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This month, however, his fight is with his erstwhile friends in the leadership of the decidedly liberal Working Families Party, the pro-union group that Hanley helped to found in 1998.
Party leaders have been chewing the carpet this month since Hanley publicly denounced their designated candidate for a Staten Island assembly seat. The internal squabble has irked party officials more than usual because it comes at the precise moment that they are trying to build their strategy for this year's gubernatorial election.
It also takes place just as state comptroller and gubernatorial candidate Carl McCall boosted the party's stature by calling it the preferred alternative to Ray Harding's patronage-seeking, Giuliani-endorsing Liberal Party. So the last thing party leaders want is a public fight with one of their hitherto stalwart backers, particularly over an endorsement for a little-known assembly seat on Staten Island.
For Hanley, however, it's a fight worth having because the issue goes to the core of why the party was started in the first place.
Last summer, then mayor Giuliani got a strong taste of the Hanley treatment at one of his final town meetings in Staten Island's Tottenville. Giuliani had every reason to expect to be on friendly ground, and the gathering was going according to its tightly controlled script until several dozen city bus drivers, members of the Amalgamated Transit Union, started demanding the mayor explain why his administration was subsidizing new private bus routes. The mayor's people decided to allow a single question and Hanley lumbered to the microphone. Private bus lines, he told Giuliani, have long been a corruption hazard for mayors past, and the recent deal between the administration and a bus firm that was also a major mayoral campaign contributor had a definite taint to it. He got no further.
"I don't talk to people that accuse me of corruption. That's it," snapped the mayor, cutting him off. When Hanley kept trying to talk, a swarm of cops surrounded him. The standoff soon ended with Hanley and his drivers walking out, but the mayor continued to rage. "You all look too irresponsible to be bus drivers. You're a bunch of idiots," he shouted at their backs.
Ever since his election in 1987 on an insurgent platform to head his 1300-member union local, Larry Hanley's confrontational style has made enemies. An ex-bus driver who got fed up with the secretive way his union was run, he is Ralph Kramden with progressive politics and a savvy sense of organizing. Molinari became so irate after Hanley criticized his ties to nonunion bus companies that he held a fundraiser for Hanley's opponent in a union election (Hanley won, by a two-to-one margin).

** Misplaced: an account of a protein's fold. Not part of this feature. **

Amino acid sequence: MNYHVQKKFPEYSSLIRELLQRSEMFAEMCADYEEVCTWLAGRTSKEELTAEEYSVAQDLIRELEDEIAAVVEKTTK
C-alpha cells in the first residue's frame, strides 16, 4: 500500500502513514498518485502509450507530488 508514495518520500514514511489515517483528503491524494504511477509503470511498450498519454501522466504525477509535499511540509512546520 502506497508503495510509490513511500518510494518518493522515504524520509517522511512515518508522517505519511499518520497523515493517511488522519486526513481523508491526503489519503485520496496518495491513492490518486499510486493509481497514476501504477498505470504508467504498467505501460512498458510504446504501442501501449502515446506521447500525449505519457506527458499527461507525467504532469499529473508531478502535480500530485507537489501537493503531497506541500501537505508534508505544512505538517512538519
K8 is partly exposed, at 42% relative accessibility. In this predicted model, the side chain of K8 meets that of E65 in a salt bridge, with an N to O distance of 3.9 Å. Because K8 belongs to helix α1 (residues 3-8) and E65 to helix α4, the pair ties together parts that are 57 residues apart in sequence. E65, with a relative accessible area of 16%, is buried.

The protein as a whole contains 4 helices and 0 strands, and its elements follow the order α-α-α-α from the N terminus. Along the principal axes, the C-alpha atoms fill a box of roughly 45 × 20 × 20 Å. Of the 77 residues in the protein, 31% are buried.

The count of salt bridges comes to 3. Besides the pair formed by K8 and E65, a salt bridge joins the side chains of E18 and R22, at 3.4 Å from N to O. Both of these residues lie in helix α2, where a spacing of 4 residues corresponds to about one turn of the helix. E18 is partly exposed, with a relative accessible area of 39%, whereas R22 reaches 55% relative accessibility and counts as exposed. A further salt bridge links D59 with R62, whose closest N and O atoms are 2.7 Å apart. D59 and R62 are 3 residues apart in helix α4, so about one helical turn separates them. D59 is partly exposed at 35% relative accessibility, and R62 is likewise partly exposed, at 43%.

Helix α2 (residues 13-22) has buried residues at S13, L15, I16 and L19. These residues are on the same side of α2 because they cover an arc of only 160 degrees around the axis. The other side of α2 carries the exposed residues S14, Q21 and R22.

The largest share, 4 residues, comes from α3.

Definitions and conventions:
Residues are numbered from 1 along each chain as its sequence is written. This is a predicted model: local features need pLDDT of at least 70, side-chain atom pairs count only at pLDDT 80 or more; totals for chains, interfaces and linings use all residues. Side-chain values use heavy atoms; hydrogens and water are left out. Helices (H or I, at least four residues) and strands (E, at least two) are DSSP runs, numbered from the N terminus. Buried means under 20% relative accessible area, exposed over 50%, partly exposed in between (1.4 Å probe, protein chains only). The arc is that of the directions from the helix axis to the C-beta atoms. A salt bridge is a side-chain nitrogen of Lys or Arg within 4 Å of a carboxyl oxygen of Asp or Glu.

Although transit unions have traditionally veered away from opposing fare hikesreasoning that fares pay members' salariesHanley has always fought high fares as bad for both labor and the riding public. In 1995, Hanley orchestrated a successful campaign by riders and unionists to roll back bus fares from $4 to $3. The result was an explosion in bus ridership. He has brought an often zany creativity to his causes. He once hired a horse-drawn stagecoach to slowly clop along Manhattan streets with a sign, "Is this the future of Staten Island transit?" When commuter buses sat in stalled traffic on the way to the Verrazano-Narrows Bridge, Hanley hired a helicopter to take photos of new express bus lanes at the Lincoln Tunnel and then distributed them to riders with the question, "How come we can't get this for Staten Island?"
"He is one of the most creative and energetic labor leaders in the city, a combination of Cecil B. DeMille and [the late Transport Workers Union leader] John Lawe," said Gene Russianoff of the Straphanger's Campaign.
But not all of Hanley's challenges to authority have worked out as planned. In 1997, frustrated that the county's Democratic committee was too cozy with the dominant Republicans, Hanley suggested to city labor leaders that unions could become the dominant voice in the party if it filled hundreds of vacant committee positions with their own members. Many leaders, including Central Labor Council president Brian McLaughlin, bought into the idea, and scores of union members spent the hot summer gathering petition signatures, winning more than 500 committee slots.
High-level labor officials, however, later reached a power-sharing settlement with county Democratic officials. Hanley viewed the rapprochement as a sellout; others said Hanley misconstrued the original strategy. In any event, that fall's Democratic county meeting was marked by angry pushing and shoving. One of Hanley's members fell, or was pushed, down a flight of stairs. A key player in the talks with the Democratic leadership, according to Hanley, was plumbers union political director Jimmy Hart, a mainstream Democrat with close ties to the state's labor establishment and little use for Hanley's radical ideas.